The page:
Come visit Southern Colorado’s Scenic Highway of Legends
The Scenic Highway of Legends
A Colorado & National Forest Service Scenic Byway
From Cuchara Pass to La Veta
Looking north over Cuchara from the Farley Overlook
The Dakota Wall is across the middle of the photo
The road descends quickly from the pass, through the aspen groves to a hairpin turn
across the Cuchara River where
it flows out of the mountains. At that hairpin turn is the road going west to Bear Lake, Blue Lake and Trinchera Peak.
Between here and Blue Lake is 4 miles of excellent stream fishing.
In Downtown Cuchara
The paved road continues on to the town of Cuchara.
Just before town itself is the left turn that takes you to Cuchara Mountain Resort,
a 4 season family resort. Downtown Cuchara is a wonderful rendition of a turn of
the century Colorado mountain town, complete with slabwood siding and some full
The earliest records of the Cuchara Valley show that it was not called Cuchara at
all, but rather Nunda Canyon (Nunda is a Native word for potato). Sometime in the
late 1800’s it was first referred to as Cuchara Valley. The first Anglo settlers
were homesteaders of the “rush” days. Land was free for the taking as long as the
homesteader built a house with a door and at least one window on the property.
Those first settlers found the climate and soil in the high meadows between Stonewall
and Cuchara well suited for growing potatoes, a crop that was also raised by the
Native Americans. The farmers spent their summers growing potatos to sell in Trinidad
in the fall, and then spent their winters making cheese from their goats’ milk to
sell in town in the spring. But they failed to rotate their crops and soon the soil
was depleted of the nutrients necessary to grow potatoes and most of these farmers
In 1908, George Mayes and his wife moved to the Valley for Mayes’ health. Seeing
the beauty here, Mayes was convinced the area would make a great summer resort.
He named his resort Cuchara Camps and by 1910, several summer cabins had been built
and Cuchara was a community, at least in the summer.
The West Spanish Peak from the Gap in the Dakota Wall
This is the same Dakota Sandstone Wall that you passed through in Stonewall. This
same “break” in the North American continent stretches from Canada to Mexico along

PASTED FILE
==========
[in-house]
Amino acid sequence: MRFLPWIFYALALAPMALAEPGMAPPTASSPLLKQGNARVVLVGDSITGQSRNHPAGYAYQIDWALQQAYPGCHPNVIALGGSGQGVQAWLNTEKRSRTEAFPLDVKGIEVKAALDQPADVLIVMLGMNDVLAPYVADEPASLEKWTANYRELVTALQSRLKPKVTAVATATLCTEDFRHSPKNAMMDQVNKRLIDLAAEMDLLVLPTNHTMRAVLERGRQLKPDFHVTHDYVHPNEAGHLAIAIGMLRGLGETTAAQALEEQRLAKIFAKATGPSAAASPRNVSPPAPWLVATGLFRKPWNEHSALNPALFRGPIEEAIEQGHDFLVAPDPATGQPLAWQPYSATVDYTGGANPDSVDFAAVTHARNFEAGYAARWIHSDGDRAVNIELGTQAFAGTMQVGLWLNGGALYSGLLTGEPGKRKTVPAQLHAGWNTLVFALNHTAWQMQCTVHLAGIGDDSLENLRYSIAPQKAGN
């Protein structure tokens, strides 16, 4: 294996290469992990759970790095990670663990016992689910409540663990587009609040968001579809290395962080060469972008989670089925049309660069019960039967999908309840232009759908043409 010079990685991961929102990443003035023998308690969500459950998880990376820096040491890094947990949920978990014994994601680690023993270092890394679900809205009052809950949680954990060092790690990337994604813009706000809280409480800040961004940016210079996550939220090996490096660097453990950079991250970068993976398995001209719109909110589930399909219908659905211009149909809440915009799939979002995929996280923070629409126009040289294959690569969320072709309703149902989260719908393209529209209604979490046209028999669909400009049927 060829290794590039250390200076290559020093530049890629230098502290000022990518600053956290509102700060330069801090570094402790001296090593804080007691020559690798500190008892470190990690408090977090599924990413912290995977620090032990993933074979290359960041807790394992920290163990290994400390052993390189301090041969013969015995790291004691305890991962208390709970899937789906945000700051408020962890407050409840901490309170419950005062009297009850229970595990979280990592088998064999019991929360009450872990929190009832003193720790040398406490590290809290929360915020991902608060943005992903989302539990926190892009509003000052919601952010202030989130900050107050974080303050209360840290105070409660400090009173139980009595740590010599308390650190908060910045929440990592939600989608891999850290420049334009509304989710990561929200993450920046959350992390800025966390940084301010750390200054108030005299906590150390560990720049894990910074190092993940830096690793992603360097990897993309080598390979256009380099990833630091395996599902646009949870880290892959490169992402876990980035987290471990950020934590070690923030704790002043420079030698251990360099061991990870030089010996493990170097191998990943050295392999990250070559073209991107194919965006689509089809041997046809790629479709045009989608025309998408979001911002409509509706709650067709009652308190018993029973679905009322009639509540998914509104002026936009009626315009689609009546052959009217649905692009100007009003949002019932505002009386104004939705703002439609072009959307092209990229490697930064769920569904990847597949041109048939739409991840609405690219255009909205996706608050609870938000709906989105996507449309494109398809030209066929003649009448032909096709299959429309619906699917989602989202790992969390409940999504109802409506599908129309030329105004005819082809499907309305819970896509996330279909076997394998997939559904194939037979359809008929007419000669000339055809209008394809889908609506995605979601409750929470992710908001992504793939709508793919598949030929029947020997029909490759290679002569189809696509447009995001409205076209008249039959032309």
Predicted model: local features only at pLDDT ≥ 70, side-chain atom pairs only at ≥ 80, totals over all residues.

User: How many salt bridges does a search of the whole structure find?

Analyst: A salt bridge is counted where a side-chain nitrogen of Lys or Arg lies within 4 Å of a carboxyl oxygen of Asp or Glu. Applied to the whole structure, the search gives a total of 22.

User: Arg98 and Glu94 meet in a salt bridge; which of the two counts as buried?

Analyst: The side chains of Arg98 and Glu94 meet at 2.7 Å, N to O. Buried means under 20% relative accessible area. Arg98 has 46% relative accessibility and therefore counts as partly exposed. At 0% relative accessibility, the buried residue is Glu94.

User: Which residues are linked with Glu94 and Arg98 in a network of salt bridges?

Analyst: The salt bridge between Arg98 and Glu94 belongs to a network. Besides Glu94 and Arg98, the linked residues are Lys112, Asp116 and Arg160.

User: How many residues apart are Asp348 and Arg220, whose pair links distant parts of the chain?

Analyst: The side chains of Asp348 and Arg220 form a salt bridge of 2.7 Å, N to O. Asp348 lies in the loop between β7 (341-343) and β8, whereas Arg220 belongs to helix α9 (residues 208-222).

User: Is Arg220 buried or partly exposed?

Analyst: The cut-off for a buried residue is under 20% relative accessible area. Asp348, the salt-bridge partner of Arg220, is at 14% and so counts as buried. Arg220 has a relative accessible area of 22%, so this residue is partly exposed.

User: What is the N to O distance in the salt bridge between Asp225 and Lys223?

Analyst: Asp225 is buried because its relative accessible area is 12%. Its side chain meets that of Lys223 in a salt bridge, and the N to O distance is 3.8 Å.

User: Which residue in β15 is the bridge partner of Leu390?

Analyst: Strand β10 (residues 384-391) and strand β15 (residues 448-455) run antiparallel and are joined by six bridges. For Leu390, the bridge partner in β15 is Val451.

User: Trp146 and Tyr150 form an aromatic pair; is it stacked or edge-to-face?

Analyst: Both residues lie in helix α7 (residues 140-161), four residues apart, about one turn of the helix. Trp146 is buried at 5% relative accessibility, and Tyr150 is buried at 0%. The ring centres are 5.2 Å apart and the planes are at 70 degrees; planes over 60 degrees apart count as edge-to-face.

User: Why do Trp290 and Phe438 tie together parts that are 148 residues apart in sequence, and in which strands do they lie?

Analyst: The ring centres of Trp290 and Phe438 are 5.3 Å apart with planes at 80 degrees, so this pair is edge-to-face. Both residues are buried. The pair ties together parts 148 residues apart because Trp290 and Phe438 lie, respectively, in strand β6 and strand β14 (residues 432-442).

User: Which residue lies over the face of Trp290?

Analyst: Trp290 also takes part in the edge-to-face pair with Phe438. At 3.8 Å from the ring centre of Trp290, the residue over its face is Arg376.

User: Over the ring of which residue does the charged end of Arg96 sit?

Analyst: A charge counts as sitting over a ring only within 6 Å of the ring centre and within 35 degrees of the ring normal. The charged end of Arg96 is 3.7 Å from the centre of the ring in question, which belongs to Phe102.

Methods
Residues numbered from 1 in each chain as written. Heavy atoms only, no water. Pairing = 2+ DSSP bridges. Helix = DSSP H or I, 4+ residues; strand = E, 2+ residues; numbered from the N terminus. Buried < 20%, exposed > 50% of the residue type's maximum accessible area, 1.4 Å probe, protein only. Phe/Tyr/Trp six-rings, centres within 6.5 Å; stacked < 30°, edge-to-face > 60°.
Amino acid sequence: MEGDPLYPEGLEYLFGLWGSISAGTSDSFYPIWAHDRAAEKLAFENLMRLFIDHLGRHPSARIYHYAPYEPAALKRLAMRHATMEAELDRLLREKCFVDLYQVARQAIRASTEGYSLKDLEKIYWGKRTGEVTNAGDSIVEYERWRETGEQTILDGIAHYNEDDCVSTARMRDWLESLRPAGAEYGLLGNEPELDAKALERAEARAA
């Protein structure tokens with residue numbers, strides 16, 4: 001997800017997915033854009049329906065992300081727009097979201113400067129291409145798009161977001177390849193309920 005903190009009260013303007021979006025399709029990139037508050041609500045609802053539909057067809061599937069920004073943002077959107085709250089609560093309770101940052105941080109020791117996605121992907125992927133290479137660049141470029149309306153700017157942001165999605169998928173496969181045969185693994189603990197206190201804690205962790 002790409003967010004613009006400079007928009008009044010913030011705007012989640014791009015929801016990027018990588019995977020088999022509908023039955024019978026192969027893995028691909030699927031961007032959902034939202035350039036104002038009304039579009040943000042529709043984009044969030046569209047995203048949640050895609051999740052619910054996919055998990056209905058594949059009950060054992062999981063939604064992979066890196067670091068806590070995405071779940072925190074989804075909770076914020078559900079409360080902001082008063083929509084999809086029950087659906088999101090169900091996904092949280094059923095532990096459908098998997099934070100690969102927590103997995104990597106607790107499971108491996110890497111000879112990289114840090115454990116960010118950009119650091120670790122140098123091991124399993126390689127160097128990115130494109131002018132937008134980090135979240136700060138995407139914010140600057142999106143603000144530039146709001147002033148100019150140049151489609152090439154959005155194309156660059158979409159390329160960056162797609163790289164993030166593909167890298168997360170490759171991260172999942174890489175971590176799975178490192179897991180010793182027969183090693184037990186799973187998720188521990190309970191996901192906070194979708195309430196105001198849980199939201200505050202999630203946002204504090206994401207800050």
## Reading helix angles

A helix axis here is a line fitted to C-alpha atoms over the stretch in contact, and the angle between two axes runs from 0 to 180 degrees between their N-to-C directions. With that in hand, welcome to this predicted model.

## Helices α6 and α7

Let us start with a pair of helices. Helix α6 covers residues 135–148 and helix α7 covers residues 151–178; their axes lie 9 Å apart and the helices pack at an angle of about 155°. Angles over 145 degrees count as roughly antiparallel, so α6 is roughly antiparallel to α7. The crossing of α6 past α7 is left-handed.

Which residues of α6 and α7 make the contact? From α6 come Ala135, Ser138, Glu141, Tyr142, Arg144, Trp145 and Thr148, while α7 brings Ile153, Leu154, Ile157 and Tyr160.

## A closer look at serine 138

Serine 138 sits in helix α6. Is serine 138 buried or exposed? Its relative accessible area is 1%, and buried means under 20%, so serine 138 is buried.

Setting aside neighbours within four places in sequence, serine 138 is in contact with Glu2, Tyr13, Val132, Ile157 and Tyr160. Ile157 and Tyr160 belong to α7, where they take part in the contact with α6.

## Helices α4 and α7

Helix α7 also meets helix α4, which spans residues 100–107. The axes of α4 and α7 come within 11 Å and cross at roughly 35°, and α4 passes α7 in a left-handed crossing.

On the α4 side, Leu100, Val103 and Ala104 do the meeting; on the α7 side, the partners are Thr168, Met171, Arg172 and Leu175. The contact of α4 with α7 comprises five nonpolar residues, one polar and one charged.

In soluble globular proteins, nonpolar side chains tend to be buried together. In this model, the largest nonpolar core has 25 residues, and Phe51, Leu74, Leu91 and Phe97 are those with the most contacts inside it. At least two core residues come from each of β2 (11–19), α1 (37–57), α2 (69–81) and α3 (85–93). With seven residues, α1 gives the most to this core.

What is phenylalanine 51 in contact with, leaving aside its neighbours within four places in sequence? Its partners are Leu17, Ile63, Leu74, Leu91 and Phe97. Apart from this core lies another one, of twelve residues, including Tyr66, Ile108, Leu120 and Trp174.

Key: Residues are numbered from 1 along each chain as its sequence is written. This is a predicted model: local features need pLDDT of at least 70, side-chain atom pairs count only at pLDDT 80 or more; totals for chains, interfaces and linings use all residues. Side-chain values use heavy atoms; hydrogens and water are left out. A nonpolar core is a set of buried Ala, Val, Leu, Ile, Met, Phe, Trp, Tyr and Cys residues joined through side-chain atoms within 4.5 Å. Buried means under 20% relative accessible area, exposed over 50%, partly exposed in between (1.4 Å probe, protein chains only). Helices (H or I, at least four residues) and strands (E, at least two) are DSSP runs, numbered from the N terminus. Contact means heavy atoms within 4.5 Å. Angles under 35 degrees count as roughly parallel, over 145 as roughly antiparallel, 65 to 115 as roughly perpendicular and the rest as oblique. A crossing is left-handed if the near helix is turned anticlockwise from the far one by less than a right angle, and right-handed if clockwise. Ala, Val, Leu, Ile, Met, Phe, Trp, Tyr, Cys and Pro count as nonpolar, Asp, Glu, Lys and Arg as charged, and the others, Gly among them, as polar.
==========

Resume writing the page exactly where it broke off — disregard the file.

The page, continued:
the fault line that marks the eastern edge of the upthrust that created the Ancestral
Rocky Mountains during the Laramide Orogeny, some 65 million years ago. This sandstone
was originally deposited on an ocean bottom and compressed over time by the weight
of layers of rock, gravel and stone deposited above it. While this exceptionally
hard layer of sandstone was tilted upright when the ancestral mountains were first
pushed up, those softer mountains have mostly eroded away and left only these vertical
walls behind in testament to their passing. While the rock of the Sangre de Cristo’s
is older than the Dakota Sandstone, the Sangres were pushed up only about 27 million
years ago, roughly along the same fault lines as the Ancestral Rockies in this area.
This particular gap in the Wall was created over the years by the Cuchara River.
The Dakota Wall, just north of the Gap
The West Spanish Peak rising above the Devil’s Stairstep
The Devil’s Stairstep is one of the grandest dikes in the area. Over 400 dikes radiate
out from the West Spanish Peak like spokes on a wheel, and continue either above
or below ground for as far as 25 miles. There is another set of similar dikes radiating
outwards from Silver Mountain, across the valley to the north. These geological
formations are unique to this area.
For those with a sharp eye, the profiles of George Washington and Thomas Jefferson
(or some say Martha Washington or a Native American) can be seen in Profile Rock.
There is also a train on a trestle and a rearing horse (or deer).
The Long Wall, of which Profile Rock is only a small part
Looking up the Valley toward Cuchara
Goemmer Butte, near La Veta
a volcanic plug between Mt. Mestas and the West Spanish Peak,
Silver Mountain to the left, Greenhorn Mountain to the right
It is said that Colonel John M. Francisco looked down upon the future site of La
Veta and declared, “This is paradise enough for me.” In 1862, shortly after his
first viewing of the Valley, Francisco and his partner, Henry Daigre, began construction
of a fort for commerce and protection purposes.
|By 1871, there were enough settlers in the Valley to warrant a Post Office, so they|
called it Spanish Peaks. With the coming of the railroad in 1876, there was much
land speculation and one group formed the La Veta Town Company. How “La Veta” (meaning
“the vein” in Spanish) was chosen is anybody’s guess but the name of town was changed
and the La Veta Post Office was opened in 1876. As part of this speculation, the
railroad station was constructed a couple of blocks north of the Fort and the center
of business in town slowly spread in that direction.
Looking south in La Veta
Just northeast of La Veta the highway merges with US 160 and takes you into
Walsenburg. Or, in downtown La Veta you
can go west on Ryus Ave. and follow the pavement about 4 miles to US 160 and head
on up past Mt. Mestas and into La Veta Pass on the way to Fort Garland, the
Great Sand Dunes and the San Luis Valley.
You are in the “Cuchara Pass to La Veta” section – follow the links below –
The Scenic Highway of Legends – Map and descriptions of sections:
Scenic Highway of Legends Map
Trinidad to Stonewall – Stonewall to Cuchara Pass – Cuchara Pass to La Veta
La Veta to Walsenburg – Walsenburg to Trinidad
Aguilar to San Isabel NF – San Isabel NF to Cuchara Pass